By JOANNE KORTH
© St. Petersburg Times, published August 24, 2000
GAINESVILLE -- Having a hard time getting fired up for ninth-ranked Florida's first two games? Don't feel badly. So isSteve Spurrier.
The Gators open the season Sept. 2 against Ball State, which has lost 17 straight. Sept. 9, it's Middle Tennessee State, which is in its second season as a Division I-A program.
"We should be playing Notre Dame or Penn State or somebody," Spurrier said. "But since there's not a playoff, we have to bring somebody in, give them a paycheck and send them home. I wish we didn't have to play those kinds of teams, but our schedule is tough enough with the SEC and FSU."
Florida takes flak every year for opening against inferior opponents, but the Gators make no apologies. Not only can they ill-afford an early season loss in the Bowl Championship Series rankings, they can't afford to go on the road. UF makes about $1-million per home game.
"We need to play six home games," said Spurrier, noting that Florida shares with Georgia revenue from their annual game in Jacksonville. "If we didn't bring in two schools that we don't have to go to their place, we'd only have five games. Financially, it's smart to bring in two smaller teams. That's the way we do it. I understand and agree with it, but I don't have to accept it."
Spurrier admitted there is little to be gained from playing overmatched opponents. As far as the Gators are concerned, the season technically starts Sept. 16 at Southeastern Conference rival Tennessee.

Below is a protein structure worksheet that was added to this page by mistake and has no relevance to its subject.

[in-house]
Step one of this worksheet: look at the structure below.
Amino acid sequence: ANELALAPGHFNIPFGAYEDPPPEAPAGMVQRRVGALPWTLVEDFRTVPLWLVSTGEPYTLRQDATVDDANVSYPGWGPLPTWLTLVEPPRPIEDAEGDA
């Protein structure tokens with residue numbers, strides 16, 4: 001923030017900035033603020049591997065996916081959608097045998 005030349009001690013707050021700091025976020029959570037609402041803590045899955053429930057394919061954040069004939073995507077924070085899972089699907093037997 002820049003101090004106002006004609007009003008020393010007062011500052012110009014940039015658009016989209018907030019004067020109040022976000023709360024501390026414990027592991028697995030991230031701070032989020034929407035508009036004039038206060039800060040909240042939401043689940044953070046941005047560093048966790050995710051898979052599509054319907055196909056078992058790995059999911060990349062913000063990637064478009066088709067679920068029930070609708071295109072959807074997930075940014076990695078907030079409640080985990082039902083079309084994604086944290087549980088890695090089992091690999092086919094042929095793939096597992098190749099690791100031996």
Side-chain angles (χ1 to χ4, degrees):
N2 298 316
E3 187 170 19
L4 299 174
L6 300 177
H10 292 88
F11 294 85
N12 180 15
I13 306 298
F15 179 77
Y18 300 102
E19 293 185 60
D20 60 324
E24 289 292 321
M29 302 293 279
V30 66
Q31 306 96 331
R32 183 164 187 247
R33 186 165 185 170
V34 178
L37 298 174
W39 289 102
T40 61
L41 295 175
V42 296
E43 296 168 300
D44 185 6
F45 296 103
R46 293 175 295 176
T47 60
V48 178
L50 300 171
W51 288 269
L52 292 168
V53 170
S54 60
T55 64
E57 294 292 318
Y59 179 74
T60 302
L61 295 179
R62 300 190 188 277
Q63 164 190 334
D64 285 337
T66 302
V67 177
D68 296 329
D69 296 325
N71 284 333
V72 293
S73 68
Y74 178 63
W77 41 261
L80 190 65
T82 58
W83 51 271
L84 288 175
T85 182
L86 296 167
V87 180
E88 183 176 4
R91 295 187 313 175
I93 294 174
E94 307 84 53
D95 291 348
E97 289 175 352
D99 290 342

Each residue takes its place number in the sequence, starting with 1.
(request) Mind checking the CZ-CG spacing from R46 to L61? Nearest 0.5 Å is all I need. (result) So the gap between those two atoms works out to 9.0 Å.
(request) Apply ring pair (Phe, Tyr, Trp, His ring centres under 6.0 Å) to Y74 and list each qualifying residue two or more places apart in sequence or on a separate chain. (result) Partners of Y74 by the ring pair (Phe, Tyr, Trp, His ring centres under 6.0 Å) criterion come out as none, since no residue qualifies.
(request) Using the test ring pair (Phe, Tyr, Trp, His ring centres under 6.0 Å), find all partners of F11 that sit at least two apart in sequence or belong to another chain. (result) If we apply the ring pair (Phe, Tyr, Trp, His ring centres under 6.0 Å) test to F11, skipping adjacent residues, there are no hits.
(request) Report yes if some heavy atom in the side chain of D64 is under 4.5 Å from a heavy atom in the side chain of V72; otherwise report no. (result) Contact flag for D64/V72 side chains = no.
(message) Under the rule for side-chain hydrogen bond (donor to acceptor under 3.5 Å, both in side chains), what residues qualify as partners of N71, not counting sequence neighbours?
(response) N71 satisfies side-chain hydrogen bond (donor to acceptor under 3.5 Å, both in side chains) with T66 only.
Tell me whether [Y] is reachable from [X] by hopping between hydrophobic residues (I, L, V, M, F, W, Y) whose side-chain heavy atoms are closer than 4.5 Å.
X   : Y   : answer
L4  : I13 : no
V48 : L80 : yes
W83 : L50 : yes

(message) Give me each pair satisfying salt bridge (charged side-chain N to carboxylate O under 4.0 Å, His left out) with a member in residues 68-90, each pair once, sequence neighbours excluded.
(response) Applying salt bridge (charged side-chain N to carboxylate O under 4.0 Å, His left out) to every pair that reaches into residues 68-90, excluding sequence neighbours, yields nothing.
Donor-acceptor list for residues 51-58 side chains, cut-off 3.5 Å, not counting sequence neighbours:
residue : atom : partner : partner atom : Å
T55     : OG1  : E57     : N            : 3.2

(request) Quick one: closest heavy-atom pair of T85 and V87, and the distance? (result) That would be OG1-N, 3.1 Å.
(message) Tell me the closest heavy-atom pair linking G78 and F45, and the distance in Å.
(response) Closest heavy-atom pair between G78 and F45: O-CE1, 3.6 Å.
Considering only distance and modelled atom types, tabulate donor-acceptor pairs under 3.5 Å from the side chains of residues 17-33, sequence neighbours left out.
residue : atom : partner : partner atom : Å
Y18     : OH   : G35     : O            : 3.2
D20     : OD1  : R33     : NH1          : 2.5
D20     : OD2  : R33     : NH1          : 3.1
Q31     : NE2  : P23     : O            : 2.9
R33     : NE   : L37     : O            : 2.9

"You don't try to get too motivated for a team when you're heavily favored," Spurrier said. "These first two games we'll try to play everybody and play hard and play smart -- try to get in the habit of doing that."
HAPPY RETURNS: The men's basketball team returned Monday from a 12-day trip to Europe, where it went 3-1-1 in games against teams from France and Germany.
"My goal was to try to bring us closer together," coach Billy Donovan said. "We've had good chemistry the last couple years, but I wanted to make that better. We accomplished that. Any time you go into a foreign country where people don't speak English, the players have to rely on each other -- to order food, to get around and to communicate. I think that's good, and we had a real good time."
Junior guard Teddy Dupay, who had surgery at the end of last season to repair a rotator cuff tear in his left shoulder, led the Gators in scoring with a 21.6 average.
"Last year was tough for me," said Dupay, who played in pain. "I think it's a relief for me and for my teammates to see that I can produce again."
PICKED TO REPEAT: The soccer and volleyball teams were picked to repeat as SEC champions in voting by league coaches. The soccer team, ranked No. 10 in the National Soccer Coaches Association of America preseason poll, won the SEC East with a 9-0 regular-season record and beat Mississippi 3-0 in the SEC tournament final to claim its fourth straight title. The volleyball team, ranked No. 9 in the American Volleyball Coaches Association preseason poll, has won nine straight SEC championships and seven of the last eight SEC tournaments. It has not lost a regular-season SEC match in seven seasons.
FAST PITCHES: Karen Johns, who was hired in June to replace fired softball coachLarry Ray, signed her first two recruits: pitcher Amanda Moore of Tuscaloosa, Ala., and middle infielderJackie Marchetta, who played one season at Florida Southern and was selected as the Sunshine Athletic Conference Freshman of the Year.
Also, construction has begun on a $400,000 locker room facility at the Florida Softball Stadium. The 2,300 square-foot building, an addition to the existing clubhouse, will have a locker and shower area for 20 players, meeting and equipment rooms and a laundry facility.
- Contact Gators beat writer Joanne Korth at (800) 333-7505, ext. 7306, or by e-mail at Korth@sptimes.com.